Effects of Wolf Predation
Abstract: This paper discusses four hypotheses to explain the effects
of wolf predation on prey populations of large ungulates. The four
proposed hypotheses examined are the predation limiting hypothesis,
the predation regulating hypothesis, the predator pit hypothesis, and
the stable limit cycle hypothesis. There is much research literature
that discusses how these hypotheses can be used to interpret various
data sets obtained from field studies. It was concluded that the
predation limiting hypothesis fit most study cases, but that more
research is necessary to account for multiple predator - multiple prey
The effects of predation can have an enormous impact on the
ecological organization and structure of communities. The processes of
predation affect virtually every species to some degree or another.
Predation can be defined as when members of one species eat (and/or
kill) those of another species. The specific type of predation between
wolves and large ungulates involves carnivores preying on herbivores.
Predation can have many possible effects on the interrelations of
populations. To draw any correlations between the effects of these
predator-prey interactions requires studies of a long duration, and
statistical analysis of large data sets representative of the
populations as a whole. Predation could limit the prey distribution
and decrease abundance. Such limitation may be desirable in the case
of pest species, or undesirable to some individuals as with game
animals or endangered species. Predation may also act as a major
selective force. The effects of predator prey coevolution can explain
many evolutionary adaptations in both predator and prey species.
The effects of wolf predation on species of large ungulates have
proven to be controversial and elusive. There have been many different
models proposed to describe the processes operating on populations
influenced by wolf predation. Some of the proposed mechanisms include
the predation limiting hypothesis, the predation regulating
hypothesis, the predator pit hypothesis, and the stable limit cycle
hypothesis (Boutin 1992). The purpose of this paper is to assess the
empirical data on population dynamics and attempt to determine if one
of the four hypotheses is a better model of the effects of wolf
predation on ungulate population densities.
The predation limiting hypothesis proposes that predation is the
primary factor that limits prey density. In this non- equilibrium
model recurrent fluctuations occur in the prey population. This
implies that the prey population does not return to some particular
equilibrium after deviation. The predation limiting hypothesis
involves a density independent mechanism. The mechanism might apply to
one prey - one predator systems (Boutin 1992). This hypothesis
predicts that losses of prey due to predation will be large enough to
halt prey population increase.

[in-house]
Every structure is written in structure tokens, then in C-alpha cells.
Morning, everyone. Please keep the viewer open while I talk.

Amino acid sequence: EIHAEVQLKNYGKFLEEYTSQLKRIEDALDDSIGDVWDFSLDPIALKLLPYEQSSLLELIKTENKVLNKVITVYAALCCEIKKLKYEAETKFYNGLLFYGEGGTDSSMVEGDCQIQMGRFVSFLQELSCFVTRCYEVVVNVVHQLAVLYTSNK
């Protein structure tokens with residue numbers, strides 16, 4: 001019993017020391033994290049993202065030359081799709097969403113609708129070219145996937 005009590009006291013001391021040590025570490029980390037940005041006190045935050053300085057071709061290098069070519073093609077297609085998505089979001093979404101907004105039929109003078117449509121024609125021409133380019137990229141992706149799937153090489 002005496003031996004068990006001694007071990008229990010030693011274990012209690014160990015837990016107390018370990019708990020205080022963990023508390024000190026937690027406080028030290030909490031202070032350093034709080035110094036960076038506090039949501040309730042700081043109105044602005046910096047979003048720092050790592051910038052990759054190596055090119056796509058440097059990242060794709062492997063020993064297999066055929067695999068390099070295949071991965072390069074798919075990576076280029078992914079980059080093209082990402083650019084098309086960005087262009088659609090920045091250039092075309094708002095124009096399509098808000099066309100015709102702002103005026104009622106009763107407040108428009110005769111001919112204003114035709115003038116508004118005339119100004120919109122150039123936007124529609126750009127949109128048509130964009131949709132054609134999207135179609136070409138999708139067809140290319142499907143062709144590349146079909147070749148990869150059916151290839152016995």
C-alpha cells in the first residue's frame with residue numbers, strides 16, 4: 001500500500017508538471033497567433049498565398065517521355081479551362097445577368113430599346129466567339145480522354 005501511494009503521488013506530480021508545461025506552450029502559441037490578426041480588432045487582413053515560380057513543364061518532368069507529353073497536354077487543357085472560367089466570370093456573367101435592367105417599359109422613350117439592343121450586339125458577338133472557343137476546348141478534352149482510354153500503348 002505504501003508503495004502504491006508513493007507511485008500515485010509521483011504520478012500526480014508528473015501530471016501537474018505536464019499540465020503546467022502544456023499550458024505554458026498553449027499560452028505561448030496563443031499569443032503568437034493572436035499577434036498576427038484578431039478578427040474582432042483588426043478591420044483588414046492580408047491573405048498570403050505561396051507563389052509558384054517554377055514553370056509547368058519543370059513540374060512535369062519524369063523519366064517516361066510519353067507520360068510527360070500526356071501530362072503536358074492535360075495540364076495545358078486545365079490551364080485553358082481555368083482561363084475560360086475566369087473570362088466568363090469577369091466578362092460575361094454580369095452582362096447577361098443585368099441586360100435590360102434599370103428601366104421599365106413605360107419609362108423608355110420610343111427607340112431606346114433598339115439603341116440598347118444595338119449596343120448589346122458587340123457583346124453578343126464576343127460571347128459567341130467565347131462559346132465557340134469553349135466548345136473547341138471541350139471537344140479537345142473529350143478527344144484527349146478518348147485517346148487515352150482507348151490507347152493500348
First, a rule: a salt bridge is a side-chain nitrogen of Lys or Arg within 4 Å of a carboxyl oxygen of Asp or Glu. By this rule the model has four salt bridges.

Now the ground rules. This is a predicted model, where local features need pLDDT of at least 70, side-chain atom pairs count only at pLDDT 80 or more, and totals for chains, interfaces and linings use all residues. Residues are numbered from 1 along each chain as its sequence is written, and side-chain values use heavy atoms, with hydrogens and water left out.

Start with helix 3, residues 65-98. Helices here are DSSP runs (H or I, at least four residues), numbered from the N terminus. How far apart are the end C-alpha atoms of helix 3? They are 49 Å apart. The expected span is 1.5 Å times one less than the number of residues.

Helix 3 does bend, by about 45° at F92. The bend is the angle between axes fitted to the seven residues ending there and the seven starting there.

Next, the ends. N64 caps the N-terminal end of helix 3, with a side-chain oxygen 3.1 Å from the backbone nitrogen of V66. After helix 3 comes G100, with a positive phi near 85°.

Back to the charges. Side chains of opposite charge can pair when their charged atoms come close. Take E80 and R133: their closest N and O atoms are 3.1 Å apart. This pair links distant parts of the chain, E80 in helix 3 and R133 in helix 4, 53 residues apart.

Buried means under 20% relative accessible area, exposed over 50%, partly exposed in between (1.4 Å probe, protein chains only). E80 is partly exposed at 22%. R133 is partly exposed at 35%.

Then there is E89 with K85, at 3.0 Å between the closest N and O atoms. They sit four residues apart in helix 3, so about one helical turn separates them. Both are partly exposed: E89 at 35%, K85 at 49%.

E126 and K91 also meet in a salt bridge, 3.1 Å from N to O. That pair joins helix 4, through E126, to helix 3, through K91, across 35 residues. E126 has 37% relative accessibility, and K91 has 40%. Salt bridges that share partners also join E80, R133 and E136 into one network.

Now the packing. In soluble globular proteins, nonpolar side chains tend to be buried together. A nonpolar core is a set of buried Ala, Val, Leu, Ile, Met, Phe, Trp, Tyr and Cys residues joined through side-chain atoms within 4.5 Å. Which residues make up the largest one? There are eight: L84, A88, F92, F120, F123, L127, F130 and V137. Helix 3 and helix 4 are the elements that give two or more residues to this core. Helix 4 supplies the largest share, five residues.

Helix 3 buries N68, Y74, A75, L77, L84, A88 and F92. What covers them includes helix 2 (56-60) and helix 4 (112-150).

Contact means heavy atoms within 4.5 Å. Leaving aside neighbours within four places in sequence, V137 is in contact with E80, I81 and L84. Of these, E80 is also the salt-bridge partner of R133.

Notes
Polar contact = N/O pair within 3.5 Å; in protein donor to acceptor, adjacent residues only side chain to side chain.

Many studies support the hypothesis that predation limits prey
density. Bergerud et al. (1983) concluded from their study of the
interrelations of wolves and moose in the Pukaskwa National Park that
wolf predation limited, and may have caused a decline in, the moose
population, and that if wolves were eliminated, the moose population
would increase until limited by some other regulatory factor, such as
food availability. However, they go on to point out that this upper
limit will not be sustainable, but will eventually lead to resource
depletion and population decline. Seip (1992) found that high wolf
predation on caribou in the Quesnel Lake area resulted in a decline in
the population, while low wolf predation in the Wells Gray Provincial
Park resulted in a slowly increasing population. Wolf predation at the
Quesnel Lake area remained high despite a fifty percent decline in the
caribou population, indicating that mortality due to predation was not
density-dependent within this range of population densities. Dale et
al. (1994), in their study of wolves and caribou in Gates National
Park and Preserve, showed that wolf predation can be an important
limiting factor at low caribou population densities, and may have an
anti-regulatory effect. They also state that wolf predation may affect
the distribution and abundance of caribou populations. Bergerud and
Ballard (1988), in their interpretation of the Nelchina caribou herd
case history, said that during and immediately following a reduction
in the wolf population, calf recruitment increased, which should
result in a future caribou population increase. Gasaway et al. (1983)
also indicated that wolf predation can sufficiently increase the rate
of mortality in a prey population to prevent the population's
increase. Even though there has been much support of this hypothesis,
Boutin (1992) suggests that "there is little doubt that predation is a
limiting factor, but in cases where its magnitude has been measured,
it is no greater than other factors such as hunting."
A second hypothesis about the effects of wolf predation is the
predation regulating hypothesis, which proposes that predation
regulates prey densities around a low-density equilibrium. This
hypothesis fits an equilibrium model, and assumes that following
deviation, prey populations return to their pre-existing equilibrium